Citizen Krystyna Znatowicz (currently residing at Marszałkowska Street 4), who was with me in the Gestapo building, obtained information – which she is trying to supplement single-handedly – to the effect that our group of women was not burned to death only because the grates in the Inspectorate building were clogged up with ashes. And that on the day when we were there, there was a dispute concerning this matter between the technical personnel operating the furnaces and the Gestapo. Reportedly, the furnace personnel had not been burning people since 4 August. Citizen Znatowicz managed to find an institution that has in its possession materials which prove that this was indeed the case.

On the basis of conversations with women who together with me spent the day (5–6 August) in the Gestapo courtyard, I have come to the conclusion that apart from the men from Marszałkowska Street, along the section from Zbawiciela Square to Unii Square, men from Aleja Przyjaciół, Koszykowa Street, Oleandrów Street and their side streets were taken to the Gestapo building at the same time. Since the burning of men at the Gestapo building commenced on 1 August, I assume that by 5 August some 20 thousand victims had been incinerated.

There are two tons of ashes – completely unsecured – at the building of the former General Inspectorate of the Armed Forces. I know full well that these ashes are being looted with impunity – people take bucket loads and rinse them out with water in search of gold teeth. At the same time, small articles – lying scattered here and there – are getting lost. Thus, apart from the profanation of the remains of the deceased, evidence is being destroyed with impunity. The entire Warsaw press wrote about this issue a number of times, while I myself have spoken about it over the radio. I sincerely request that you order the ashes to be sifted. It is my opinion that this work would be readily undertaken and performed with complete honesty by those who are most interested – the wives and children of the unfortunate victims.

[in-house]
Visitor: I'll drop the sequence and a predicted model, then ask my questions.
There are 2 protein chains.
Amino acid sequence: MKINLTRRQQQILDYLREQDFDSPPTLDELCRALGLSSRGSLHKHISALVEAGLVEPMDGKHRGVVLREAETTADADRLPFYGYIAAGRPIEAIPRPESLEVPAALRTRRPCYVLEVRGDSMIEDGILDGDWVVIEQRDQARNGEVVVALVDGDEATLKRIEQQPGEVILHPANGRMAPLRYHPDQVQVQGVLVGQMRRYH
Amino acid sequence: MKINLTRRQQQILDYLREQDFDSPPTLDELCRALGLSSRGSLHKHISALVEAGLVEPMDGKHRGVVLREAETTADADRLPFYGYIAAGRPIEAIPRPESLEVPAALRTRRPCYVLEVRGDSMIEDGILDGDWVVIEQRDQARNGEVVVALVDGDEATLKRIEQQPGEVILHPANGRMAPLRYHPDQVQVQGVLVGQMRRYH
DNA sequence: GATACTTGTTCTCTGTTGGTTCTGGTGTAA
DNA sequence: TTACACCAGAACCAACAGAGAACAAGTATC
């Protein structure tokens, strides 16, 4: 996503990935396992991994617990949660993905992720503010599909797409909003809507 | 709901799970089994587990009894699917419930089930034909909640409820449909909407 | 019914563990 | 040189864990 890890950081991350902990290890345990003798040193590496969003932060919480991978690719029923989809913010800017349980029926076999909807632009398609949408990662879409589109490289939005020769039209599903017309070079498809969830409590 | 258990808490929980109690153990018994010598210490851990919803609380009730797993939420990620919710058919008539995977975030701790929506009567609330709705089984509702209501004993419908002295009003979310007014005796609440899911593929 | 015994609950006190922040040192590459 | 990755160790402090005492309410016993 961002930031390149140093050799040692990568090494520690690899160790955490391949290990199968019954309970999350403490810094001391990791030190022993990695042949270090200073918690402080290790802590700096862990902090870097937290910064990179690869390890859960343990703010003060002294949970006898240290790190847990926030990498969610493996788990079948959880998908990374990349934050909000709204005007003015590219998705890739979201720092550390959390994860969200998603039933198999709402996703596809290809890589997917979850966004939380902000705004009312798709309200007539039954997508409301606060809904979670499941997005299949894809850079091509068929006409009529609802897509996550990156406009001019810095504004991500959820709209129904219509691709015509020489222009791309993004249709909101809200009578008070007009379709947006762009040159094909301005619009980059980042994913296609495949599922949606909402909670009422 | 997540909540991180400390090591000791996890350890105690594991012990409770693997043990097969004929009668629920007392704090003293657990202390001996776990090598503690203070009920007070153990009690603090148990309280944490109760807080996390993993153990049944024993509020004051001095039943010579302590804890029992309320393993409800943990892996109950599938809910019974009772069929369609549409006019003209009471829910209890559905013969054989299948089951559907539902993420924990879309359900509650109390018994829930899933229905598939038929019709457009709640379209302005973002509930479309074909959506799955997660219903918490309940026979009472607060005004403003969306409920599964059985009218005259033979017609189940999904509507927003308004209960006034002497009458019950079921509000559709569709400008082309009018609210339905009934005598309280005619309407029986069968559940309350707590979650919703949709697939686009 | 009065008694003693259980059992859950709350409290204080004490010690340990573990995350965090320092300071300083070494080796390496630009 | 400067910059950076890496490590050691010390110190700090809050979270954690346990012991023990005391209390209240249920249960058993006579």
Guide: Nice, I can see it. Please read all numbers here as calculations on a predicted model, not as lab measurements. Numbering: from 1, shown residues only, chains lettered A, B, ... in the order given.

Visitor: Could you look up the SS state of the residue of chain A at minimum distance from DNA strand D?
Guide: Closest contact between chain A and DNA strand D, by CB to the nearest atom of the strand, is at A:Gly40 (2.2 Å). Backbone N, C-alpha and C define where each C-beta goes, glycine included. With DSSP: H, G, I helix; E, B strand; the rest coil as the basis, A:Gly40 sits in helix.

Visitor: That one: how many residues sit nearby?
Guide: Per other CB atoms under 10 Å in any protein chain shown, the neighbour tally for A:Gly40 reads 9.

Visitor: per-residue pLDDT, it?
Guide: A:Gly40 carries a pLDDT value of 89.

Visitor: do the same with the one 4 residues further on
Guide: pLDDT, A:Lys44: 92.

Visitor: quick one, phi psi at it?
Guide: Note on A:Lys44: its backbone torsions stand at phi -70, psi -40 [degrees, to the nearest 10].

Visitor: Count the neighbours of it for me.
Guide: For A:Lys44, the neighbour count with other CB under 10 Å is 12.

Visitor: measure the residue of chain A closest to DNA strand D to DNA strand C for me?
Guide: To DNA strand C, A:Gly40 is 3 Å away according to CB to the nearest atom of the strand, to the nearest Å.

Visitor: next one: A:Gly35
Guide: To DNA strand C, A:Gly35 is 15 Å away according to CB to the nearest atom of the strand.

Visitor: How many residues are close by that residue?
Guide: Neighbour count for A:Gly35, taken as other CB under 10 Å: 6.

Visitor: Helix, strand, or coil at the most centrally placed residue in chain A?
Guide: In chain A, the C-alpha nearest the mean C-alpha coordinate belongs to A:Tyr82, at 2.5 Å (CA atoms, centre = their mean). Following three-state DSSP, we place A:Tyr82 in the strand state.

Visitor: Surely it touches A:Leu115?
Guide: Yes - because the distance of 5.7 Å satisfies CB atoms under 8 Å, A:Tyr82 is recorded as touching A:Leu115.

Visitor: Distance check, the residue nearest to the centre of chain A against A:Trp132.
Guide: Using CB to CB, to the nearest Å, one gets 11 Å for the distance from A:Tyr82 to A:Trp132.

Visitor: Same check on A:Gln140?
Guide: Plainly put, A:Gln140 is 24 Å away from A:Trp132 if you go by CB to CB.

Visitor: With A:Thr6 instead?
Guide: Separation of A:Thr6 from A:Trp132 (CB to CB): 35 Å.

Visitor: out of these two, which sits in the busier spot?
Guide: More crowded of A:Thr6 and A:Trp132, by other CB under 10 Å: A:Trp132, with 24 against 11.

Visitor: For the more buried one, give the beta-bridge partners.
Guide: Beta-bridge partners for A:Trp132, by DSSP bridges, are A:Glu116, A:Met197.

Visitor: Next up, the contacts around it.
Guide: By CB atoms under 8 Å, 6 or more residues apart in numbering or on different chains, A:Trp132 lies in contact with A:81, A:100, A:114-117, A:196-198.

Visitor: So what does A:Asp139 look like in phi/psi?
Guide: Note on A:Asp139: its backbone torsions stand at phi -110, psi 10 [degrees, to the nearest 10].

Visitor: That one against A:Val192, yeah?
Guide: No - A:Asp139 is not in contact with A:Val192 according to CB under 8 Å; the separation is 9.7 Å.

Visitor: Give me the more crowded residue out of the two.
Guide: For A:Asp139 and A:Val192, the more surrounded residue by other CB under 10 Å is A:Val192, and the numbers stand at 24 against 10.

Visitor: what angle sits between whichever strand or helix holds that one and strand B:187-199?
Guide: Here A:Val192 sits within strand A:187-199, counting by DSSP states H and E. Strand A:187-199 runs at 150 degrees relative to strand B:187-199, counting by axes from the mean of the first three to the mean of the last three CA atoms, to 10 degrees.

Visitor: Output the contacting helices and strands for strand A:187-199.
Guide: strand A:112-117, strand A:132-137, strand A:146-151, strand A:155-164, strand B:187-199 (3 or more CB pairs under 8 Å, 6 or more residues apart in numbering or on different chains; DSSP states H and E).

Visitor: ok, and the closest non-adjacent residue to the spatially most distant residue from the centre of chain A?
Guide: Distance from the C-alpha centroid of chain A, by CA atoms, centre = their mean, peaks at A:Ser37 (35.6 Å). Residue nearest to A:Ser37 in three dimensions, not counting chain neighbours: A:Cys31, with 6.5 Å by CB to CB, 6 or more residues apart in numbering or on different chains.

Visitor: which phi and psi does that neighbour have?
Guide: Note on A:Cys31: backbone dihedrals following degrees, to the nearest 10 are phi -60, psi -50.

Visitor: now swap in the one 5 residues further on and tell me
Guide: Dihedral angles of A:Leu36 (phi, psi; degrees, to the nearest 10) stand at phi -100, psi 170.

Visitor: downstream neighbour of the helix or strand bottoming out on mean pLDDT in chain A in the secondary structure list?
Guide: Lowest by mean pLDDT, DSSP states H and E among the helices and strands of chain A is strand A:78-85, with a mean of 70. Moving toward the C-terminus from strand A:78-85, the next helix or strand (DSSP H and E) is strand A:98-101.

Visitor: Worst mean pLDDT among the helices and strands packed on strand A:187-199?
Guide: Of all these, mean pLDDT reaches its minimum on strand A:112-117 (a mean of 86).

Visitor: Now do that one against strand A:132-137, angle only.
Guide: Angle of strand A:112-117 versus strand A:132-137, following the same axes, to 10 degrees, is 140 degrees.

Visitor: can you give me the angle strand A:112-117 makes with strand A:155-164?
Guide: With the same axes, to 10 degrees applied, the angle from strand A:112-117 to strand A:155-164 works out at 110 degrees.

While submitting to you, citizen Prosecutor, the facts outlined above, I must stress that although I am deeply interested in the outcome of proceedings, I am unable to create for myself a complete and clear image of the events, for I have no authority to examine or appeal to the aforementioned men (in particular Dr Kałużny and engineer Plebański) to testify. I am aware of the fact that the materials which I have provided may prove important if they are analyzed by those authorized not in the name of painful personal interest, but in the name of the law.

I kindly request that you summon for examination myself and my mother, who shared my fate (Anna Skrzypiciel, Grochowska Street 277, flat 23) and who knows, as a long-standing resident of the house at Marszałkowska Street 33, the surnames of many of the men who died in the Gestapo building, and of the women who survived, each one of whom undoubtedly knows of some small facts that would help to elucidate the case.

I would like to make a heartfelt request that this German crime, the largest in terms of the number of victims and the most mysterious, committed on civilian men during the Uprising, be fully investigated.

Yours sincerely,

Wanda Odolska